Colloidal processing

Colloidal processing and Suspension rheology

The quest to produce fully dense ceramics for transparent aluminas or dense nanostructured ceramics have received much attention over the recent years because of the promise of materials with new and enhanced properties.

One of the main difficulties in realizing the promise of new ceramics is the difficulty of processing fine or ultrafine (nanosized) powders and producing fully dense components. Powder agglomeration and the resulting inhomogeneous powder packing during green body fabrication is one of the main problems hindering the production of defect free and fully dense components. Further when trying to achieve full density, grain growth out of the nanometer regime (<100 nm) or 200-300nm range is often difficult to avoid.

Stabilized colloidal suspensions (e.g. electrostatic and steric stabilization) combined with gentle rolling[1] or energetic attrition milling [2]have been shown to be efficient in achieving defect free green bodies. The use of interparticle force modeling to predict colloidal stability is also a key aspect of nanoceramic processing and is carried out with in-house freeware [2] (Colloidal stability & HAMAKER 2).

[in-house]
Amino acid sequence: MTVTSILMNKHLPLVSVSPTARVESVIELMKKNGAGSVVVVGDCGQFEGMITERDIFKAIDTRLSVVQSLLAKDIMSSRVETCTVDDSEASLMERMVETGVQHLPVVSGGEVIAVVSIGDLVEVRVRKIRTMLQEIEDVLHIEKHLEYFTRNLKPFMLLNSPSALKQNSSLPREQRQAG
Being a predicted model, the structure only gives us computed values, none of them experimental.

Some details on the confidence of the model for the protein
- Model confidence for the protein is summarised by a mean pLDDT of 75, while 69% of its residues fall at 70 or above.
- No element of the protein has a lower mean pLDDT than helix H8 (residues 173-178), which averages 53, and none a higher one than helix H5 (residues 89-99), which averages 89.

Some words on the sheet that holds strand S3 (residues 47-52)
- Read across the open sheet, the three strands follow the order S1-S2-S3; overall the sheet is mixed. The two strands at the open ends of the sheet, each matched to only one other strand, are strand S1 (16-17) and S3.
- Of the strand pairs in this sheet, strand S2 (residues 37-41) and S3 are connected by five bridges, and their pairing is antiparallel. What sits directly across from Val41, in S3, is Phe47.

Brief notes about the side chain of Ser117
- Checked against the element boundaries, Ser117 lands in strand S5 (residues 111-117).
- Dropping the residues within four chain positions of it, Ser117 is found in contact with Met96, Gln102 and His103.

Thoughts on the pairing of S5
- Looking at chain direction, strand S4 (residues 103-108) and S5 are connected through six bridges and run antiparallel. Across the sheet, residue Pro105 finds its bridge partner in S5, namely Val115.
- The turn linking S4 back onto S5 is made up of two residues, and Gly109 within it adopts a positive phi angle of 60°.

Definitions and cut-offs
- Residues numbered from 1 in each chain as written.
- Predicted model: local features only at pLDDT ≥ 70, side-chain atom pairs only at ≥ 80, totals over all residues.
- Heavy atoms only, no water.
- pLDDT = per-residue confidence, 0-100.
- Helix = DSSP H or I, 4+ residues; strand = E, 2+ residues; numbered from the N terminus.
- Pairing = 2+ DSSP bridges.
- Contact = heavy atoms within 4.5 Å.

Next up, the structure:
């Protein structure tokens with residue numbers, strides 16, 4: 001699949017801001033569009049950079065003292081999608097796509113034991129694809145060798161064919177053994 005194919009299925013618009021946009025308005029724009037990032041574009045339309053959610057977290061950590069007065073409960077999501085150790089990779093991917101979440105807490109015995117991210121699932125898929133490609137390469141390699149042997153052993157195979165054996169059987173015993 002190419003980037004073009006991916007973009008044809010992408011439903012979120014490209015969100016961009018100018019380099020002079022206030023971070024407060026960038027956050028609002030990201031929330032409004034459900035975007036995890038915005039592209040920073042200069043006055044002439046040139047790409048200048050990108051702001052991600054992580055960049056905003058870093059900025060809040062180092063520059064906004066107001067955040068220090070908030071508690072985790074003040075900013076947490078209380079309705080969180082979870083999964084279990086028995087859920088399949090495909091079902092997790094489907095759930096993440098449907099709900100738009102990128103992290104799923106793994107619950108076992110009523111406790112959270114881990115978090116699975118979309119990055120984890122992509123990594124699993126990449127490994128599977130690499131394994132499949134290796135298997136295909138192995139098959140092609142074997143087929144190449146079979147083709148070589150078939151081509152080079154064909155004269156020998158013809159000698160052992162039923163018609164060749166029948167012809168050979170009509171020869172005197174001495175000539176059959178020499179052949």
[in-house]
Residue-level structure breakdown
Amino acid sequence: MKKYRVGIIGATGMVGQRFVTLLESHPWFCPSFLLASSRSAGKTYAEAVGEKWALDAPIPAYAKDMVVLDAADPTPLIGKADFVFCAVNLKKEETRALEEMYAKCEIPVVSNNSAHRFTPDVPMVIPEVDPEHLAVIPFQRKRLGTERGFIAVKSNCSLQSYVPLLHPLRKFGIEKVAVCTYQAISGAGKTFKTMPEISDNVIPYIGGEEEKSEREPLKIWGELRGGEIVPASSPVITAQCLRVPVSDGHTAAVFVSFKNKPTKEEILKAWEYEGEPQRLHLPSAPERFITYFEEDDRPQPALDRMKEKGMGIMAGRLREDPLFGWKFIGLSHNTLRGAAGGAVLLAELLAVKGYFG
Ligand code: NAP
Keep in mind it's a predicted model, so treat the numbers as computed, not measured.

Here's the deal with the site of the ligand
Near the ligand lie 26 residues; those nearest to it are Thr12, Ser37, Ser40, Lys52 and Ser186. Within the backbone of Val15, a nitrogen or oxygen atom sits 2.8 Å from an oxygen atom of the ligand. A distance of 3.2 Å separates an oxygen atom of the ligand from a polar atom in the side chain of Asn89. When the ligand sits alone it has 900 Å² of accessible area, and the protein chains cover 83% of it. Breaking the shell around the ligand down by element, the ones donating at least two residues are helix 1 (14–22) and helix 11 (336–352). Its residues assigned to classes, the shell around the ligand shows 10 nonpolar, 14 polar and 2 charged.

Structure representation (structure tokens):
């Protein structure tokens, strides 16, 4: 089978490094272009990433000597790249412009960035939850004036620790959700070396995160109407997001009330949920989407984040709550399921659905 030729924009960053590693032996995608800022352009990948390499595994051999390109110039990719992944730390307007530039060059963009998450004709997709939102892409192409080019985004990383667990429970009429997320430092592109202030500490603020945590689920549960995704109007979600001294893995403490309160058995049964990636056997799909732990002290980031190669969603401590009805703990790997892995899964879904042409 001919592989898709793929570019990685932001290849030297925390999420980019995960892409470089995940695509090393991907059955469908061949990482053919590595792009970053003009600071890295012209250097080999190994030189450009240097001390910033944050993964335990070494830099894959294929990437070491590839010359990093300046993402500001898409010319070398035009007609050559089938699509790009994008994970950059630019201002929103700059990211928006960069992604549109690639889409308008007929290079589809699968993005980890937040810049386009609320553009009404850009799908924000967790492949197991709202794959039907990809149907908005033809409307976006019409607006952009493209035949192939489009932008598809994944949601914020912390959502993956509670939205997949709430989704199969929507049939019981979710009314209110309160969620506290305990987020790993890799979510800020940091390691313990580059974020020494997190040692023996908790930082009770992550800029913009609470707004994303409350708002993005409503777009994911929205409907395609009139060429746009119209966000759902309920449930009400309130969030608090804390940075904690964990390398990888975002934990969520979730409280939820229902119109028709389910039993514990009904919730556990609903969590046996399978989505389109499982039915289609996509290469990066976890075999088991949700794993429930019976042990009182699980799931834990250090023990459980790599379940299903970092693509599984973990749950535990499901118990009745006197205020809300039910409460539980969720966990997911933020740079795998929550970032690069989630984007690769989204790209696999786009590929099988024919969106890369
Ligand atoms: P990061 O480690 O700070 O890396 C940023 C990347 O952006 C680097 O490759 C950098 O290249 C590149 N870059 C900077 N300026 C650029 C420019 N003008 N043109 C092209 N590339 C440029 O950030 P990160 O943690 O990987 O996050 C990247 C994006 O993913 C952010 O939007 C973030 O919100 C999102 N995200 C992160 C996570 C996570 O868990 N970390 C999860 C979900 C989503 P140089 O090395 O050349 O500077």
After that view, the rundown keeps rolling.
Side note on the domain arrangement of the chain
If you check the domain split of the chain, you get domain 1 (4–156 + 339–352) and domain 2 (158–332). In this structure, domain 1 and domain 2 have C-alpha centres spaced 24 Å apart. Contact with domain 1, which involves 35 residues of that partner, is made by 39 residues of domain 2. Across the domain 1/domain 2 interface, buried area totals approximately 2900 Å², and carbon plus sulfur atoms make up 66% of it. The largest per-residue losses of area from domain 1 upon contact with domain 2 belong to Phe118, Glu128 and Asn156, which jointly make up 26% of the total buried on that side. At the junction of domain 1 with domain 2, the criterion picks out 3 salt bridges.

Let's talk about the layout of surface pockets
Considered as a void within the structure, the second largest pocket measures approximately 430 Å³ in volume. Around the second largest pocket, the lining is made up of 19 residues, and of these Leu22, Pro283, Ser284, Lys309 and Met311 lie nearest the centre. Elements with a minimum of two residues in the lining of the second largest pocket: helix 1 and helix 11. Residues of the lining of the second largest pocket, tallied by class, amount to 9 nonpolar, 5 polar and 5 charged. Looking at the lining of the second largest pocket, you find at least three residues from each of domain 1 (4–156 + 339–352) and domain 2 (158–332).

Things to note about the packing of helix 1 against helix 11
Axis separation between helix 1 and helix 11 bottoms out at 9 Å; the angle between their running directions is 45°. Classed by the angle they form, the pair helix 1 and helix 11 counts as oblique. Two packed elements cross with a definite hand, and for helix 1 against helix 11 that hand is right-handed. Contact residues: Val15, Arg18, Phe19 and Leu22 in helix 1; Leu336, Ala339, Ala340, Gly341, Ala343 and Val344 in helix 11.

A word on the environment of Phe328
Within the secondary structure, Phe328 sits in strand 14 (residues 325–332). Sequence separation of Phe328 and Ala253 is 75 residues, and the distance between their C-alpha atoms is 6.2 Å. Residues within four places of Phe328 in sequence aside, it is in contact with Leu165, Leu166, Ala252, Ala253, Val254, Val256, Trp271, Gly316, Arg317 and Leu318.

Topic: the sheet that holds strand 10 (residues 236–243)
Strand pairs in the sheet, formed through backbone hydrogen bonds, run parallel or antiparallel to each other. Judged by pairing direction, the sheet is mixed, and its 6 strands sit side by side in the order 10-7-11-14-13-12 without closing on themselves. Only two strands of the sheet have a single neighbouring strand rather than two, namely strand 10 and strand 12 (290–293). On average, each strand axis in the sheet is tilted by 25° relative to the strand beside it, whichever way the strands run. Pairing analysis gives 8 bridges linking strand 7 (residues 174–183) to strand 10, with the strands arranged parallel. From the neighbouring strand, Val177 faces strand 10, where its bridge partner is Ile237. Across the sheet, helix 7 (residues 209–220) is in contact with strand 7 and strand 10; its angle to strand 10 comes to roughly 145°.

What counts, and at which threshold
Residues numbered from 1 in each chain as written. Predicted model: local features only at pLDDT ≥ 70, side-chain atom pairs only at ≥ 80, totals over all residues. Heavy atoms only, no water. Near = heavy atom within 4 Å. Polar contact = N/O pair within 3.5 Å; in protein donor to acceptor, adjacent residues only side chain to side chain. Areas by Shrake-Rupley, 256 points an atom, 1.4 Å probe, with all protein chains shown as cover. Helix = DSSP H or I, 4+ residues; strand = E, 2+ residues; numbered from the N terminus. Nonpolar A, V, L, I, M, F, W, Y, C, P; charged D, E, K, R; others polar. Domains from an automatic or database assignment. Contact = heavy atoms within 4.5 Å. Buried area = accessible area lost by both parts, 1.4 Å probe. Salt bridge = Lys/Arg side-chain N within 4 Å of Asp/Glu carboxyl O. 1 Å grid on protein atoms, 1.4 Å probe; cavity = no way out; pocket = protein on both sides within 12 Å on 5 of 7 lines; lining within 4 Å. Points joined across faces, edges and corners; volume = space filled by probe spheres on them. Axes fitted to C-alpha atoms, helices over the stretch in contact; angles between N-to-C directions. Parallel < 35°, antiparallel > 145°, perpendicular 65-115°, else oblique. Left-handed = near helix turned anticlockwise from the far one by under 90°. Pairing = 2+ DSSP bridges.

Interparticle potential predictions and effect of pH on PAA adsorption and steric repulsion (colloidal stability) for nanosized gamma aluminas [2]



Learn more by reading about Suspension Rheology” : click here.

References :

1. M. Stuer and P. Bowen, “Yield stress modelling of doped alumina suspensions for applications in freeze granulation: towards dry pressed transparent ceramics” Advances in Applied Ceramics 111(5/6) 254-261, 2012 DOI 10.1179/1743676111Y.0000000061

2. Powder Technology 157 (2005) 100-107

3. U. Aschauer, O. Burgos-Montes, R. Moreno, P. Bowen, “Hamaker 2: A toolkit for the calculation of particle interactions and suspension stability and its application to mullite synthesis by colloidal method”. J Dispersion Science Technology, 32(4), (2011), 470 – 479. (